Project ManagementProject Portfolio Management

Complexity Clogs Project Environments’s Corrine Forrest gives us an idea on how complexity slows down, or even worse, completely halts a technology project. The most common scenario is wherein project portfolio management (PPM) environments suffer from bloated, complex solutions that delay project delivery and make PPM a discrete function rather than a core organizational capability. It is essential to remove this, but first you must address complexity in the context of value creation. Unnecessary PPM convolution arises from increasing misalignment between the needs of the project environment and the processes supporting it. It is easily managed once identified, but this part is key.

Simple Approach

The easiest approach to analyze and pinpoint where exactly the complexity is and how it impedes effectiveness is through the Project Management Office (PMO). Only a few PPM consultants and some PMO managers understand what PPM complexity looks like. PMOs can boost PPM environment effectiveness by eliminating complexity with no value and supporting PPM processes, frameworks and business rules to a streamlined, integrated operating model.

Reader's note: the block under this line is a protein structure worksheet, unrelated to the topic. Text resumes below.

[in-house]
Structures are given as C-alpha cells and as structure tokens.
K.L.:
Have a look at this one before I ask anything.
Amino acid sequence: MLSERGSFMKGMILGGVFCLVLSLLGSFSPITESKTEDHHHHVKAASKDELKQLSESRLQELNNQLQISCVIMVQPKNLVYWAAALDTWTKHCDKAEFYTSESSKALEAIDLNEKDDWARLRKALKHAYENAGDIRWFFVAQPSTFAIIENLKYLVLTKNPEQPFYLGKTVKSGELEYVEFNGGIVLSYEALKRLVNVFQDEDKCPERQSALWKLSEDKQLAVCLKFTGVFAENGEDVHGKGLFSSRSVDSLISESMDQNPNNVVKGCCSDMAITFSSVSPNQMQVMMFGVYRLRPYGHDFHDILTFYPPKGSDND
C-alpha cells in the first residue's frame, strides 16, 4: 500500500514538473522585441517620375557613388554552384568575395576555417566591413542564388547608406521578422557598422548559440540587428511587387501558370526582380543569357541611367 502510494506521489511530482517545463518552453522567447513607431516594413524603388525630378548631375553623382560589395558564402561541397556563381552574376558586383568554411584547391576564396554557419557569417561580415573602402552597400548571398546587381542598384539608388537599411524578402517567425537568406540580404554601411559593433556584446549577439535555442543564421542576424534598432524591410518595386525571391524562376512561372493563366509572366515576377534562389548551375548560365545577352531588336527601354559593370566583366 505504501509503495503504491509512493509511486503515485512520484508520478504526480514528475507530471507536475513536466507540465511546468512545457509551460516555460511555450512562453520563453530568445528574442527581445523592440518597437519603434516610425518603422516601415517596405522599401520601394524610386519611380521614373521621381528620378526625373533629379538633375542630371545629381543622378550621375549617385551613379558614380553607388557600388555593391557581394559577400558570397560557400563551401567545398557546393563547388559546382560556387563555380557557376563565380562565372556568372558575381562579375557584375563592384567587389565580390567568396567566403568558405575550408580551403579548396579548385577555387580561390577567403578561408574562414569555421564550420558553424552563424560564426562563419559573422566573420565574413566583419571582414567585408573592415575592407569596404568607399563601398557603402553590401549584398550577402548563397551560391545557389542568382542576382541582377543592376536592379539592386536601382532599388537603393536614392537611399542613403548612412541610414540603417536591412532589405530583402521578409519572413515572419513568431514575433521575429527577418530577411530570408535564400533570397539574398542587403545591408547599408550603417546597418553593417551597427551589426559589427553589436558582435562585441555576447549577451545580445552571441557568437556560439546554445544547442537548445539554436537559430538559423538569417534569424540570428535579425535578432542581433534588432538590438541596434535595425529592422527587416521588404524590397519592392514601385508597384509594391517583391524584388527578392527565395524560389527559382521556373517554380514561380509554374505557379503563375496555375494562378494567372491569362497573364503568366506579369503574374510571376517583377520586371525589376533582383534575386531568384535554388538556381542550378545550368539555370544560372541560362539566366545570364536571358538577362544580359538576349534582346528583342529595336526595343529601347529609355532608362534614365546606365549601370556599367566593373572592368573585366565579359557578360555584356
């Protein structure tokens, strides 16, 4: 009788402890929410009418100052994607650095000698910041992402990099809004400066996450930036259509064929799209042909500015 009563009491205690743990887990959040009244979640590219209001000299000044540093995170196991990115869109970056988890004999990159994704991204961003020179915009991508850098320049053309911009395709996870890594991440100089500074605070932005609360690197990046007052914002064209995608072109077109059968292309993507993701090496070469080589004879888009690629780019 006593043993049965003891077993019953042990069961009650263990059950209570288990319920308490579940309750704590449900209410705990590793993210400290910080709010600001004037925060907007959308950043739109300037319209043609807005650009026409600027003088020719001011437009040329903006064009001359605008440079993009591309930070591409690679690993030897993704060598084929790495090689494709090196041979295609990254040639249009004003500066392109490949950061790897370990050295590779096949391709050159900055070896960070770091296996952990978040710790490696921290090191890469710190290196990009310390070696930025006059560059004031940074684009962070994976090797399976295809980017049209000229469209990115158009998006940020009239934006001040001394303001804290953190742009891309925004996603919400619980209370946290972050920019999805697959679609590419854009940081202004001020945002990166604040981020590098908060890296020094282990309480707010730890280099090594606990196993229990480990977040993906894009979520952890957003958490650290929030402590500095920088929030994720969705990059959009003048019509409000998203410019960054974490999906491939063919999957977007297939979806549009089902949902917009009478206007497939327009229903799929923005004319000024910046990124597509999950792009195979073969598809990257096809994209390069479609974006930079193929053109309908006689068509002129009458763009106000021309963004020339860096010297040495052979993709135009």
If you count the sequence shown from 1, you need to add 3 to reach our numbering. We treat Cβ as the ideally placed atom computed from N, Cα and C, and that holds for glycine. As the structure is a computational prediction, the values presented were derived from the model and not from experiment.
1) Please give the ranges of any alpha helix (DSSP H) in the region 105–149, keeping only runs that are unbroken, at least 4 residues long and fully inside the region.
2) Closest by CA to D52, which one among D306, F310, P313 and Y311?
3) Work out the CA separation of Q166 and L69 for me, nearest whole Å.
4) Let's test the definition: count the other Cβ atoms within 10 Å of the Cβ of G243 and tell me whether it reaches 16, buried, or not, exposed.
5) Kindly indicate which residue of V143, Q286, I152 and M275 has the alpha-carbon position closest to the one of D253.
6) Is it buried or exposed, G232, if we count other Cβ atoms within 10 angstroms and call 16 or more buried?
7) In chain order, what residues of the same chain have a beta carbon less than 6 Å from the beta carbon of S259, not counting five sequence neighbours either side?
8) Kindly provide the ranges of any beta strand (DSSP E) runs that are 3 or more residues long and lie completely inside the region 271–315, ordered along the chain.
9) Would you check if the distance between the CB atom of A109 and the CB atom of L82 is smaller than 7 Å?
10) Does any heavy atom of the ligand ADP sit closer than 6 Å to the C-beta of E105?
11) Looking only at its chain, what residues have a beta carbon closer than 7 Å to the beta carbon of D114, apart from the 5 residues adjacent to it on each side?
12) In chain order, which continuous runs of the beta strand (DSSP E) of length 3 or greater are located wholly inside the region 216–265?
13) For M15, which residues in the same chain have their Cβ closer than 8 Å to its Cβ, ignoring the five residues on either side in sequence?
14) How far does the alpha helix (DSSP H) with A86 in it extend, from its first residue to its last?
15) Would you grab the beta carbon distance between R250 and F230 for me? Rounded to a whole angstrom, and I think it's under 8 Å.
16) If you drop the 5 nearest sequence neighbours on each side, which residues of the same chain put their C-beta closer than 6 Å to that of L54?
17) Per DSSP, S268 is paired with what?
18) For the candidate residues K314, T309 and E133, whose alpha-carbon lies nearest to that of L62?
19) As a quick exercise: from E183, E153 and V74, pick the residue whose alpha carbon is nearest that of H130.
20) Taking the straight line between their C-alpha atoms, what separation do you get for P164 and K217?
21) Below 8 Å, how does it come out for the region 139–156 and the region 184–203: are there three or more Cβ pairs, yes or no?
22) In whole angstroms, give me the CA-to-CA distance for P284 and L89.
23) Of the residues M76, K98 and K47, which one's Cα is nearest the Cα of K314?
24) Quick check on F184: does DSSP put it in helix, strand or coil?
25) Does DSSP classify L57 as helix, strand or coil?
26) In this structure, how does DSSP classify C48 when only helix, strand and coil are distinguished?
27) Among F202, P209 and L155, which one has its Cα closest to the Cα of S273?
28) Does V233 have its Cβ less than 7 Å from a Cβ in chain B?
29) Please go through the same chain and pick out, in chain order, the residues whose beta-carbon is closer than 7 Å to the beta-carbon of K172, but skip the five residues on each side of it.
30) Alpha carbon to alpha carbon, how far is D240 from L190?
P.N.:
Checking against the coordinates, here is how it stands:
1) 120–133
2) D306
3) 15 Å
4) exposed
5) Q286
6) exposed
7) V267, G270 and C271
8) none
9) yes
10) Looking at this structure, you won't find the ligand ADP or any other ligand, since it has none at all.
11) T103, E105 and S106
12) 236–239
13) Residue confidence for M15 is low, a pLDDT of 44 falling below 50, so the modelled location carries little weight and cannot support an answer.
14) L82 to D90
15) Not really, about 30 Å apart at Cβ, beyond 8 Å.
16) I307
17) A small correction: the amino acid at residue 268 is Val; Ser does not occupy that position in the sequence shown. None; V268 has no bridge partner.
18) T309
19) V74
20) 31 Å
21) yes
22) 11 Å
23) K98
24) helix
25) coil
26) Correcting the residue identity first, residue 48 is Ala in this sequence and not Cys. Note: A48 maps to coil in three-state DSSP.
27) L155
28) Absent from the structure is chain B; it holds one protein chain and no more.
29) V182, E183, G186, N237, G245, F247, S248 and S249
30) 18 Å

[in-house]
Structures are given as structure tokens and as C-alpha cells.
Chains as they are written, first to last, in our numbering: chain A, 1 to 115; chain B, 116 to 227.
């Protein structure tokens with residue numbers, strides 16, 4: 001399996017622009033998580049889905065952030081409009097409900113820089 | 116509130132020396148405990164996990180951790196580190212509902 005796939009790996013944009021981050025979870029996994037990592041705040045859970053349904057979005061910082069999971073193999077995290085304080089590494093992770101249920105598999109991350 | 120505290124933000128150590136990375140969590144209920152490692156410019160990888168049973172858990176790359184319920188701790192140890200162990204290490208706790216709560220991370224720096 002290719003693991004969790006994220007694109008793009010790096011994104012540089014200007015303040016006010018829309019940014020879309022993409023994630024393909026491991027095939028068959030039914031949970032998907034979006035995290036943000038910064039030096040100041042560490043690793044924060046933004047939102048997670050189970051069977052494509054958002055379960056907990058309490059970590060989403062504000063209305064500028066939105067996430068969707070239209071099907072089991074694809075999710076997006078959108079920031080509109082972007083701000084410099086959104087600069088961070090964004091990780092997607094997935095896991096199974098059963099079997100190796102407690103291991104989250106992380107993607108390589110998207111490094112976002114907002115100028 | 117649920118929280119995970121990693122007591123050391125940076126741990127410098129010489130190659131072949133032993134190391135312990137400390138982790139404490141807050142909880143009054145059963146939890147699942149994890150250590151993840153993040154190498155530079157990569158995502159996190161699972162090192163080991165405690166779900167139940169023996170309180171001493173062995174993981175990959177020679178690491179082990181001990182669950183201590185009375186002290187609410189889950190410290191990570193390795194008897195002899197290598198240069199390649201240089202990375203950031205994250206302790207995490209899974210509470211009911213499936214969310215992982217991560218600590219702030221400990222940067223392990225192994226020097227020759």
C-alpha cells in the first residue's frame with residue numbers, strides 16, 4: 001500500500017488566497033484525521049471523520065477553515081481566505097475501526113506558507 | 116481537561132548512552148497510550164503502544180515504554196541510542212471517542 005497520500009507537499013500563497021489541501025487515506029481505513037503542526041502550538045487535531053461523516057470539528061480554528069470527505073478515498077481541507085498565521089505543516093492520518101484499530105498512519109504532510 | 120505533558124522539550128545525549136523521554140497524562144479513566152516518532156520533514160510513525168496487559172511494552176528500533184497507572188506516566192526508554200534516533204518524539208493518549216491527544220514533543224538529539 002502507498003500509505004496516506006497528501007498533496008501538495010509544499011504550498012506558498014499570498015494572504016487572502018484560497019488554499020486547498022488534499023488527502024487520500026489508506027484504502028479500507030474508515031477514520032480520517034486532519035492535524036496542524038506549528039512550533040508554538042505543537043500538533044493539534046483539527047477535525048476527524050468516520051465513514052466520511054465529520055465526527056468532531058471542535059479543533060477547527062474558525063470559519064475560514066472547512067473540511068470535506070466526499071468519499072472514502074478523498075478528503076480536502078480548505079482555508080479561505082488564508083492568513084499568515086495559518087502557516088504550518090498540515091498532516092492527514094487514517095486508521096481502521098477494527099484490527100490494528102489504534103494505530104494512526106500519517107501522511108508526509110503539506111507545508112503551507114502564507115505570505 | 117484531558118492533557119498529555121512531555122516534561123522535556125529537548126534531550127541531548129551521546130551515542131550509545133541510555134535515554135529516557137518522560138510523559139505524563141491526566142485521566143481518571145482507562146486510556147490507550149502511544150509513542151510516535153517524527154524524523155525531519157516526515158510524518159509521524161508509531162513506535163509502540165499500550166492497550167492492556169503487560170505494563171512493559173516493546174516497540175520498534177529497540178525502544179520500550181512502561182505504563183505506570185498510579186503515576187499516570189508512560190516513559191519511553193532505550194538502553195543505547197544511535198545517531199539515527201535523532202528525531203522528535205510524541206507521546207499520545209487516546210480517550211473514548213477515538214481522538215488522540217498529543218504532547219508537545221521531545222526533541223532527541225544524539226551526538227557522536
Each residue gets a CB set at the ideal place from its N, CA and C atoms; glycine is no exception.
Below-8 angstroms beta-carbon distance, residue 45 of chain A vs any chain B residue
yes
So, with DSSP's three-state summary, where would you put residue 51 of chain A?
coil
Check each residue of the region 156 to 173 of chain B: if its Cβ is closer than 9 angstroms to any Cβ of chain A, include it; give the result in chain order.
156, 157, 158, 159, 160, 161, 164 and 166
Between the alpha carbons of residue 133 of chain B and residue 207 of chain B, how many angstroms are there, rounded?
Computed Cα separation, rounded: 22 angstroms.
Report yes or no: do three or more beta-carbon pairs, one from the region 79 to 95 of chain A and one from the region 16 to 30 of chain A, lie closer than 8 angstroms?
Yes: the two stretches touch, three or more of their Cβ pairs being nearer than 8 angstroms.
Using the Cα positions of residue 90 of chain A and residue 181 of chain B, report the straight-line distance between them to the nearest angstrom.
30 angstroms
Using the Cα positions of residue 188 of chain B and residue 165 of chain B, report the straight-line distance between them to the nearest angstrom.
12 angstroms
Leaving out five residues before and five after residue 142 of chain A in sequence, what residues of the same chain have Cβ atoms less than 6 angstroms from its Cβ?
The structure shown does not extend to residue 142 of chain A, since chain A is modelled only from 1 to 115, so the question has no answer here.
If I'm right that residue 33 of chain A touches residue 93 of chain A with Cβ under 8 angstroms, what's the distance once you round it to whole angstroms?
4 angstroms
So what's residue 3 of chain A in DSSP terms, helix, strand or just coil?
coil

The challenge with eliminating complexity is, of course, that the short-term actions which reduce costs and create reliability can also expose other performance problems. The key task is to manage the balance points by attacking environment complexity first (the superstructure), process complexity next and only then focus on performance issues. The reason is this: Complex processes often reflect poor environment design. If you attempt to deal with performance issues first, without streamlining the operating model and simplifying processes, you find even more complexity cropping up in some other process area.

Being selective definitely would go a long way here. In getting rid of complexity, selectivity should encourage you to lessen or eliminate some processes altogether, which can improve project environment performance vividly, if done within the context of the operating model.

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Kristian Dayrit

Kristian Dayrit was the Associate Editor and Content Writer for AITS Philippines. He has edited and wrote various published works, articles, newsletters and such since 2007.

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